On the heels of all those blooms, here are some more. This is one of my favorite annuals and one that's super easy to grow from seed. The first year I had gazanias (2005), I bought the young plants at a local plant center. I let some of them go to seed and I saved it for the following year.
This year, I wanted to try some different varieties than the 'Kiss Mix' I'd grown the first and second years, so instead of saving last year's seed, I bought three new varieties from Park Seed: 'Sunshine Mix', 'Daybreak Petticoat Mix', and 'Dynastar Vanilla Ice'.
All three of these were slower to produce flowers than the 'Kiss Mix' seeds did, but grew into thick, healthy plants with the characteristic abstract-patterned blooms. It's downright fun to watch what new pattern is going to emerge with each new blossom. You just never know for sure . . .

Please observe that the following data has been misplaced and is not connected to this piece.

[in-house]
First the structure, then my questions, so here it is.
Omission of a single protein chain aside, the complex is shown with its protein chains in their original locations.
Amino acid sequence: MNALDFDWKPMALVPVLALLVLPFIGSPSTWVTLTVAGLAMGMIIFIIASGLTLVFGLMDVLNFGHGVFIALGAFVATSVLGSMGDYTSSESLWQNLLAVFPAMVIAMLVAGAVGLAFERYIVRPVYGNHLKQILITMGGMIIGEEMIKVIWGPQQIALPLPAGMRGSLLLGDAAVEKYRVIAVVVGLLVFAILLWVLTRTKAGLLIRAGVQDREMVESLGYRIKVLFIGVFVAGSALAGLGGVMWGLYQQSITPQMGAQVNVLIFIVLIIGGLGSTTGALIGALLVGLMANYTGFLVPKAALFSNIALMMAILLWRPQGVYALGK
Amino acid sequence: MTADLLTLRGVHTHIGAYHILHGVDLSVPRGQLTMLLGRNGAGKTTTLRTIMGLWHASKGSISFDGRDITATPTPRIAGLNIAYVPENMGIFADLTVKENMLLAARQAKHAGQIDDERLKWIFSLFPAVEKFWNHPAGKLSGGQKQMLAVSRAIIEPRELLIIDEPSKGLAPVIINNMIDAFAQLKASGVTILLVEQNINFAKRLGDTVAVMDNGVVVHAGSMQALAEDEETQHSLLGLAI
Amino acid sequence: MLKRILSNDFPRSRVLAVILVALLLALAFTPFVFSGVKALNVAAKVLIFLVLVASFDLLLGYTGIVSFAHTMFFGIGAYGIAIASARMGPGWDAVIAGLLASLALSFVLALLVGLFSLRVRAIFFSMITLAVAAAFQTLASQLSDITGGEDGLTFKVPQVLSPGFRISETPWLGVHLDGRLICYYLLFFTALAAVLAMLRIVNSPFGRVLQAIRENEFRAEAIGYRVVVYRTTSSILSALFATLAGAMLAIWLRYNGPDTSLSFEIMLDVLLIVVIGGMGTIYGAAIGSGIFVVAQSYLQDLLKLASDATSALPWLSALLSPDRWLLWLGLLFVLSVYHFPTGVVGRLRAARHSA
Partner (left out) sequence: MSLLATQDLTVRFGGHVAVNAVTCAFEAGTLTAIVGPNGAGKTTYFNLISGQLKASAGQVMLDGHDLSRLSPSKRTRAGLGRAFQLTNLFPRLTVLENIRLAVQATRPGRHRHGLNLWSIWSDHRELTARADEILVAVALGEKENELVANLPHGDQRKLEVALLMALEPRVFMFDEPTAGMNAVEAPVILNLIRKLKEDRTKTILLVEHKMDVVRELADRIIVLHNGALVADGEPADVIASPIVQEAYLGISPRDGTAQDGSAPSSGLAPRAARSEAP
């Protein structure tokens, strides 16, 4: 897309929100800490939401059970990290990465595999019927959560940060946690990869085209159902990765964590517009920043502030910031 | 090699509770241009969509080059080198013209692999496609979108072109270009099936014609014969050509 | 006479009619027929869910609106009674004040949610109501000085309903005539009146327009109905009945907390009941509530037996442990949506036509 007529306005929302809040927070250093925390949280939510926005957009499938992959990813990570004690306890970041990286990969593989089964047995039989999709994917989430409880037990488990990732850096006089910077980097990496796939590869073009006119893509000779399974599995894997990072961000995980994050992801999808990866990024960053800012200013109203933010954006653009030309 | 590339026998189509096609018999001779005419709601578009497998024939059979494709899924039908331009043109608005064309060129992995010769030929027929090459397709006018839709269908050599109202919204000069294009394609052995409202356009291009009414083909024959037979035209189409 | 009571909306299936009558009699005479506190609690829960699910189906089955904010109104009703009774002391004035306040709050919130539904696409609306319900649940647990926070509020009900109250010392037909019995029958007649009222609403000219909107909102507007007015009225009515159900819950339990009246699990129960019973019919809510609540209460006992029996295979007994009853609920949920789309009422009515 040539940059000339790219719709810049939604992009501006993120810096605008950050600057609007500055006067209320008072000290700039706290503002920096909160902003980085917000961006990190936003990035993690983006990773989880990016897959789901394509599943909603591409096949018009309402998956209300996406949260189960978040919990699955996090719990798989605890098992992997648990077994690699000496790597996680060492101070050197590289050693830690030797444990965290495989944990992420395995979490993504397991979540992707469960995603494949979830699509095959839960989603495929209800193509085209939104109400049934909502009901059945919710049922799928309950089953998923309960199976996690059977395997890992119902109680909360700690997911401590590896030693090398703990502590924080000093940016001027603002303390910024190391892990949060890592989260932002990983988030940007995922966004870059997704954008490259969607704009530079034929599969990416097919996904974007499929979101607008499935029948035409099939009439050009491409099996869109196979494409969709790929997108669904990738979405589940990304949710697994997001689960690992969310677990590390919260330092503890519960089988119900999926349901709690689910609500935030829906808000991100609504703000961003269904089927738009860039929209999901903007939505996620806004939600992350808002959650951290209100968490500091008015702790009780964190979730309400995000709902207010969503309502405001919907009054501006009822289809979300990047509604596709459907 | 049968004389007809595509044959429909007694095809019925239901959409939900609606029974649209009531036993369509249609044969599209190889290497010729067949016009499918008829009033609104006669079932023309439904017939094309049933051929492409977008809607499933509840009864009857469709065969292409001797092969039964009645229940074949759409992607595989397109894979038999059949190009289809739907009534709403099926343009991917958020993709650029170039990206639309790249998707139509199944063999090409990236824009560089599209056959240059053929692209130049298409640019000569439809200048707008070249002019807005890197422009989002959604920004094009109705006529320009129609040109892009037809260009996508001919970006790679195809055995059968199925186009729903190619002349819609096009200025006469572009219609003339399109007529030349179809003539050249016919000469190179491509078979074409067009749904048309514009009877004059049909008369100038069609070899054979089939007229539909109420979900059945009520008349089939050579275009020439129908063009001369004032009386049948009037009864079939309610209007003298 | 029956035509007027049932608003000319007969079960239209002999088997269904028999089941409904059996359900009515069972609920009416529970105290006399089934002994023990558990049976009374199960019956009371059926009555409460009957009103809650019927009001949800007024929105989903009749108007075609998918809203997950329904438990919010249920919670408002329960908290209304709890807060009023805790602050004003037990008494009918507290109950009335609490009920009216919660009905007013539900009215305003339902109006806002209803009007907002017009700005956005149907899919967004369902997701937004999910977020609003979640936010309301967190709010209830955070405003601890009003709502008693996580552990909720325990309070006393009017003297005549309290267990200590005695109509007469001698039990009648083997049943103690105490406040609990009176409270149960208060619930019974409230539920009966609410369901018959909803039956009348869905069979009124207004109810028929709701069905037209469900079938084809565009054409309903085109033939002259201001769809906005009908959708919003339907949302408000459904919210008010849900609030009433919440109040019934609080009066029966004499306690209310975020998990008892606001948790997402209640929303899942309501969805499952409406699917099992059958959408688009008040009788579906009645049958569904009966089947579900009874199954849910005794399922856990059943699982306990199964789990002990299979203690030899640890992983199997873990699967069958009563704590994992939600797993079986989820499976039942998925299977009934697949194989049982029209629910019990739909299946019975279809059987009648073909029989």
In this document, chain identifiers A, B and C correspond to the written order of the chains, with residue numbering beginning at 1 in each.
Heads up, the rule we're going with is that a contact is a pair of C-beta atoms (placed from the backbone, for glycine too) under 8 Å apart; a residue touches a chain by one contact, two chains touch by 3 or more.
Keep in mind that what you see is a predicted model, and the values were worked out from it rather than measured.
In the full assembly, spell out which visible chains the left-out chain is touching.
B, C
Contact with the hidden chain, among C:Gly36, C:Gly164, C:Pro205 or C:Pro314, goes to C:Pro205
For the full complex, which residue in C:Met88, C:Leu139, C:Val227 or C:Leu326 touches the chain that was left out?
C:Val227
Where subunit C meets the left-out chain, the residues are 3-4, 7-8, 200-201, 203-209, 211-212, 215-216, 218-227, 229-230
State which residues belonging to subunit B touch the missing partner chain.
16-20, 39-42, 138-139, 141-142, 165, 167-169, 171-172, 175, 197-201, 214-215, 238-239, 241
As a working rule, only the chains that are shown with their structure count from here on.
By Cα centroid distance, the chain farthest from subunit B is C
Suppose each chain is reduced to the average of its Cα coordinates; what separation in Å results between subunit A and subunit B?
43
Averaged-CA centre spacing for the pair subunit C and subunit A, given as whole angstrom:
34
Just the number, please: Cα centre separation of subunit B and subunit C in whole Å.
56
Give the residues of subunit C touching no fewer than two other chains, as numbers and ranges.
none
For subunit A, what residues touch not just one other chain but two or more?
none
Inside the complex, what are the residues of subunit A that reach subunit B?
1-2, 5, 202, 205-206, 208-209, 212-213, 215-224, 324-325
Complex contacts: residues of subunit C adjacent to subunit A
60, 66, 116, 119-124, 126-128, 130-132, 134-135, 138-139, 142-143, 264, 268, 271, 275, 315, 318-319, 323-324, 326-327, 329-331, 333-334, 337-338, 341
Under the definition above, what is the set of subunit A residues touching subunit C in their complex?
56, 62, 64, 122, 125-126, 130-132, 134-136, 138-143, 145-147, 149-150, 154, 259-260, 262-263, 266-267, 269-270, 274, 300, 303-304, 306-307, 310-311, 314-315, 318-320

Gazanias are quite frost-resistant, I've found. Until we get below-freezing temperatures at night on a regular basis, they'll likely keep blooming. Last winter, I dug up the green plants and potted them so I could keep them a while longer up on the patio. They remained green pretty much throughout the winter, much to my amazement.
Somewhere close to spring, I noticed most of the gazanias in the pot had died, which is what I expected would happen. But much to my amazement, one of them was still alive! I began to care for it by making sure it got the water and sun it needed and it began to grow again. Several weeks later, it put out a flower bud. But something wasn't quite right about it.
When the bud opened, I realized the plant I'd been caring for so attentively was not a gazania after all. It was a Taraxacum officinale. A dandelion.